And there is more good news – charge-out rates are rising for sole principals by as much as 8%, and there is less regional divergence between rates; surveyors in northern England and Scotland are finally seeing their rates improve.
Now for the bad news. Consultants agree that growth in the public sector is helping to fill their coffers, but not all sectors are performing equally well. And many wonder whether the growth in public-sector fees can be sustained – especially as more and more clients are turning to online reverse auctions to choose their project QSs.
Can you rely on the public sector?
"Major clients are starting to ask consultants to bid on the internet – hair-raising stuff, as the lowest bid always wins," says Roger Fidgin, senior partner at Gardiner & Theobald. "The sector is highly buoyant, but it's also likely to get more competitive – and it's hard to compete."
Fidgin says he expects to see the public sector make more use of online tendering, despite the government's support of best value procurement. "I'm not saying there's necessarily a conflict there – the consultants who are chosen to bid are checked out in terms of their value for money. But they will still be looked at in terms of cost at the final round."
Consultants agree that a dip in fees for office and retail jobs is likely to encourage more practices to bid for health and education work – further stepping up competition in the public sector. According to the survey, fees in small retail jobs have dropped as much as 0.5%, and in the office sector by 0.2%.
QSs have mixed views about whether this downward trend is going to continue. Danny Chalkley, director of NAP Sherwin, says his London-based office is still receiving plenty of expressions of interest for small-scale commercial jobs. "We're not feeling the downturn in the office sector – in fact, our fees have gone up slightly." Others, though, are less sanguine about the prospects for commercial work and even worry that events in the Middle East could send it deeper into the doldrums.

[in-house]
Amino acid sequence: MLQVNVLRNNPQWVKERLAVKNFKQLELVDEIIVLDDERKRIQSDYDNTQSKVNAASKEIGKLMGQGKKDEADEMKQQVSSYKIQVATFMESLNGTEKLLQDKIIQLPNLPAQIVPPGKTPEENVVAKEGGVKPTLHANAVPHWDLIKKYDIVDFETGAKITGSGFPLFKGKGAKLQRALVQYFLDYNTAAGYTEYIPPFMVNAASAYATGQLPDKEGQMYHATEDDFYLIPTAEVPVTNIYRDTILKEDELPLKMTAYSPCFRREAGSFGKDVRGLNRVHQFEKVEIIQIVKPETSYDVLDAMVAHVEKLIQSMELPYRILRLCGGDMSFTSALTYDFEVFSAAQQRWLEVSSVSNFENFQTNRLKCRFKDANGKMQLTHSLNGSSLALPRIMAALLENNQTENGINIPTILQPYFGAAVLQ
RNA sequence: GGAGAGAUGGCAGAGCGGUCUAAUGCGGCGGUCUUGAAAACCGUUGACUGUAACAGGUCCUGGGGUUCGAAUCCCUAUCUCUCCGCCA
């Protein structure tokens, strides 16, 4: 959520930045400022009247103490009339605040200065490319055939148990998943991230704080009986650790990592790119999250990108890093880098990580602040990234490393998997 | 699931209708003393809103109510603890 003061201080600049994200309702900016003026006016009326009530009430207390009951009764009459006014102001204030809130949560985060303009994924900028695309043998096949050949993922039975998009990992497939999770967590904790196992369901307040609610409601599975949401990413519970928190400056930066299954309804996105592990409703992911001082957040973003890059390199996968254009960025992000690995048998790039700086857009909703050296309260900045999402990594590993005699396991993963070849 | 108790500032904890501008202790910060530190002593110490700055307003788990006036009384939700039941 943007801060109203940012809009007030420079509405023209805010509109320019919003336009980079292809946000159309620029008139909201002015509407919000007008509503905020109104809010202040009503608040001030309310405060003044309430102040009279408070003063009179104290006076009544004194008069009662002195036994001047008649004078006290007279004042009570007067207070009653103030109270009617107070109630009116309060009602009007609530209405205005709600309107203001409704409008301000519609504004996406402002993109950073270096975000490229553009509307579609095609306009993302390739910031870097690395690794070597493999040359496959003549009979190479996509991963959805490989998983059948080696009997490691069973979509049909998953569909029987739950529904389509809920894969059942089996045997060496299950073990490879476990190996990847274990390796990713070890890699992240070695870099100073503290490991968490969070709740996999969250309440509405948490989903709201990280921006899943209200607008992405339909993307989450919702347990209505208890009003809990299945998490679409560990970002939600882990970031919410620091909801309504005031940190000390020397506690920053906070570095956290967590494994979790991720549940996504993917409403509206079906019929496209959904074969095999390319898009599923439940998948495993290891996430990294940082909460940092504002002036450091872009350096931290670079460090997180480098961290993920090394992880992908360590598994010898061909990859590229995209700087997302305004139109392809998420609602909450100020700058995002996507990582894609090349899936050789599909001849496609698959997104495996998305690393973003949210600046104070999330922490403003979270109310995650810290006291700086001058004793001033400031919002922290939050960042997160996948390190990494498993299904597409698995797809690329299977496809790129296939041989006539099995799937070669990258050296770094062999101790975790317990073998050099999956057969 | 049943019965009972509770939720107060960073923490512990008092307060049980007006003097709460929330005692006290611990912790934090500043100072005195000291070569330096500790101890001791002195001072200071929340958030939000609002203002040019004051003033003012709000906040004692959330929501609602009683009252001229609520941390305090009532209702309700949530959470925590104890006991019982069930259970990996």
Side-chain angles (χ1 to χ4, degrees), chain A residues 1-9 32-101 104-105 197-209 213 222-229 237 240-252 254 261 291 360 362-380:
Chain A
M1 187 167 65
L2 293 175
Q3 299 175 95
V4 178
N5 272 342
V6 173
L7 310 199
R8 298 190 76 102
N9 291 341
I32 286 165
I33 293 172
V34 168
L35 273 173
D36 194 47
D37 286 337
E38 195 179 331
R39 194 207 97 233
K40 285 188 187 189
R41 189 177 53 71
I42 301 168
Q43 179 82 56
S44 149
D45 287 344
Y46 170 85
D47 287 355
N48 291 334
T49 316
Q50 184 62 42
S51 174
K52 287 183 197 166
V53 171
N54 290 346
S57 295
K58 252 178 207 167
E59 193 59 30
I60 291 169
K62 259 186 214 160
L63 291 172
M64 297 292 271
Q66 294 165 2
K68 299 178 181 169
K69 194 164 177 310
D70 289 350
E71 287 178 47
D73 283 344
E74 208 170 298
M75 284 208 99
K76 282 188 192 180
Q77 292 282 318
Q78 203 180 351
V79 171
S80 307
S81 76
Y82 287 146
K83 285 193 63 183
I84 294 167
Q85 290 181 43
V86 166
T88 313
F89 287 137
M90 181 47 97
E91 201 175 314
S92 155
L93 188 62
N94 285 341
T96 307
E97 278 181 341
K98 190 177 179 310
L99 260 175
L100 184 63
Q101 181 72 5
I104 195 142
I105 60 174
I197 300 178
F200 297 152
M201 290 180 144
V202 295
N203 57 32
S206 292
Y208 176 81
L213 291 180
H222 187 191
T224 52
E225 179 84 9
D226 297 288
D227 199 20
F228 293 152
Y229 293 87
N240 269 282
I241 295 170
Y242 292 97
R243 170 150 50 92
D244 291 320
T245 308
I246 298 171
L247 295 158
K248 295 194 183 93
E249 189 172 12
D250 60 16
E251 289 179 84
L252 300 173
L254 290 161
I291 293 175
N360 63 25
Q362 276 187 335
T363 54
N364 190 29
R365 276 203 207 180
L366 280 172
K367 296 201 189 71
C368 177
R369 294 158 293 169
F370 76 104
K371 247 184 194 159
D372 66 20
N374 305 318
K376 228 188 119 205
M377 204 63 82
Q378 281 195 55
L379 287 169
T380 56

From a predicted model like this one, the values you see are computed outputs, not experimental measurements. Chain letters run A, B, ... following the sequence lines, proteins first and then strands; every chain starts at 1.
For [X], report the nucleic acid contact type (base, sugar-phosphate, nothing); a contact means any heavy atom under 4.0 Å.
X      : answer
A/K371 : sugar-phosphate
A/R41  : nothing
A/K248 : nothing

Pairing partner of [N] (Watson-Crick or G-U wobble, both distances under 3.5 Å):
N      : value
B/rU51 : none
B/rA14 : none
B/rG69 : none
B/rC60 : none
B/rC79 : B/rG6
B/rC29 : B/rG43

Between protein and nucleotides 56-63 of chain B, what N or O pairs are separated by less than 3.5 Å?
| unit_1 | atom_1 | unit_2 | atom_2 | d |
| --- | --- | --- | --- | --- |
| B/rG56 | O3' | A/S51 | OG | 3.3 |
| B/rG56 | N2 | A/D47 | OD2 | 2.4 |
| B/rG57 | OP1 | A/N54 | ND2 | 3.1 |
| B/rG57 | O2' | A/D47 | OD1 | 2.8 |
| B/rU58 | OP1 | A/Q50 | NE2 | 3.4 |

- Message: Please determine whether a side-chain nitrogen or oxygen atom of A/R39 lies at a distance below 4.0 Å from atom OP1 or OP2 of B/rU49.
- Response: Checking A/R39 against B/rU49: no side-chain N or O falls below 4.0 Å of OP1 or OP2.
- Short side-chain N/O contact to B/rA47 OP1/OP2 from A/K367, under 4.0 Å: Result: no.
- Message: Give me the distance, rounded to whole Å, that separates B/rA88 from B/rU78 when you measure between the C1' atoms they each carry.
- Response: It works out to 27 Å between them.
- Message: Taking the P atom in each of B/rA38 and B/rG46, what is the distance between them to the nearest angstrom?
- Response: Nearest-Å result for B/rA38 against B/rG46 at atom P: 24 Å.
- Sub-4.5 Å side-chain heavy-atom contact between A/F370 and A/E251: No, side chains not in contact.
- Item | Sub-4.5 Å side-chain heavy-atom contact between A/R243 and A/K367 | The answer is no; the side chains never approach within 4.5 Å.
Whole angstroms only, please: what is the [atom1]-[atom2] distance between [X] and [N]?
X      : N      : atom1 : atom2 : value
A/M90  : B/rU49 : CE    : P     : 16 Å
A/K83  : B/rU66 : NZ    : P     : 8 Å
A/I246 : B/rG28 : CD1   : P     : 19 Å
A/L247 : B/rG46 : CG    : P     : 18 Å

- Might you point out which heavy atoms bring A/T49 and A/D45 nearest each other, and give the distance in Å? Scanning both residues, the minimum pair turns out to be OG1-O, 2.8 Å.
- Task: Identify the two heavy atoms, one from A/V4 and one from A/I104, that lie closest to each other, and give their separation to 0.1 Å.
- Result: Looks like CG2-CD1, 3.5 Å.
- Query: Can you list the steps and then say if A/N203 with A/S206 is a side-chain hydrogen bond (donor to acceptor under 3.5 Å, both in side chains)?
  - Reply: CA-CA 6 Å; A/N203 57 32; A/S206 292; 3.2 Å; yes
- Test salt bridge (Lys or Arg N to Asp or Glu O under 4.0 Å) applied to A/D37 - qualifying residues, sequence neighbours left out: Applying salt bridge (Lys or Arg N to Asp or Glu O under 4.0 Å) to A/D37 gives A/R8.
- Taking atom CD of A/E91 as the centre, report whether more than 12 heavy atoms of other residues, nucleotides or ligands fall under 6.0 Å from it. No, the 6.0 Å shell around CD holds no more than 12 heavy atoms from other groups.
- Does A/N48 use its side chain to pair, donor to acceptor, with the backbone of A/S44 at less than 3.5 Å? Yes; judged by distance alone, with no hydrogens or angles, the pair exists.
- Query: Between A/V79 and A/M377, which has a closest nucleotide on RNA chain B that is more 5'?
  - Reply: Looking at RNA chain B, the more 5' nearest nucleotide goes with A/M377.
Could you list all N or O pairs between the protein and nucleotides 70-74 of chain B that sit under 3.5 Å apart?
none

"Over the next year I'm expecting to see a steadying off in work," says Ken Cowdery, partner at London-based Measur Construction Consultants. "Our developer clients tell us that banks are already cautious about the prospects for the market over the next year. If something went off in the Middle East, that'd create uncertainty in the market and that could have a knock-on effect for us."
Although the outlook for many sectors is uncertain, most consultants agree that fees in the infrastructure market are set to grow. Richard McGill, senior partner at EC Harris, says there are not many companies that are expert in the area, which means that fees are likely to keep rising. "Infrastructure, especially anything to do with PFI, is a huge growth area and at present there are few players in that market," he says. "Fees will continue to rise as demand for services increases."
Consultants agree with the survey's findings that the hourly rates for senior QSs are at last seeing step increases. Gardiner & Theobald's Fidgin says surveyors are getting more confident about demanding an "economic" rate for their time. "Our rates still fall short of those charged by other professionals like accountants and lawyers, but we're now getting bolder about charging for what our time is worth," he says. Fidgin says that, whereas rates used to be paid out of the general fee charged as a percentage of a project's cost, senior QSs are now getting used to charging by the billable hour.
The increase in partnering work could be a factor that is pushing up charge-out rates. "Partnering and framework agreements are helping to stabilise rates," says Vincent Clancy, managing director of cost consultancy at Turner & Townsend. "Clients working in this way are prepared to pay for quality people. But rates still have to be competitive; partnering certainly doesn't mean getting showered in cash."
In contrast to their seniors, junior surveyors are not enjoying any hike in their fees. Most consultants say these rates, which jumped as much as 25% in some regions last year, are now at a stable, competitive level. Few consultants anticipate large increases in the future, despite the continuing shortage of entrants into the profession.
Overall, consultants are expecting a competitive year ahead as companies chase the growing markets. As Clancy says: "Companies are swift at diverting their resources to where there's most work – and though charge out rates are increasing, you've got to be very good to sustain them."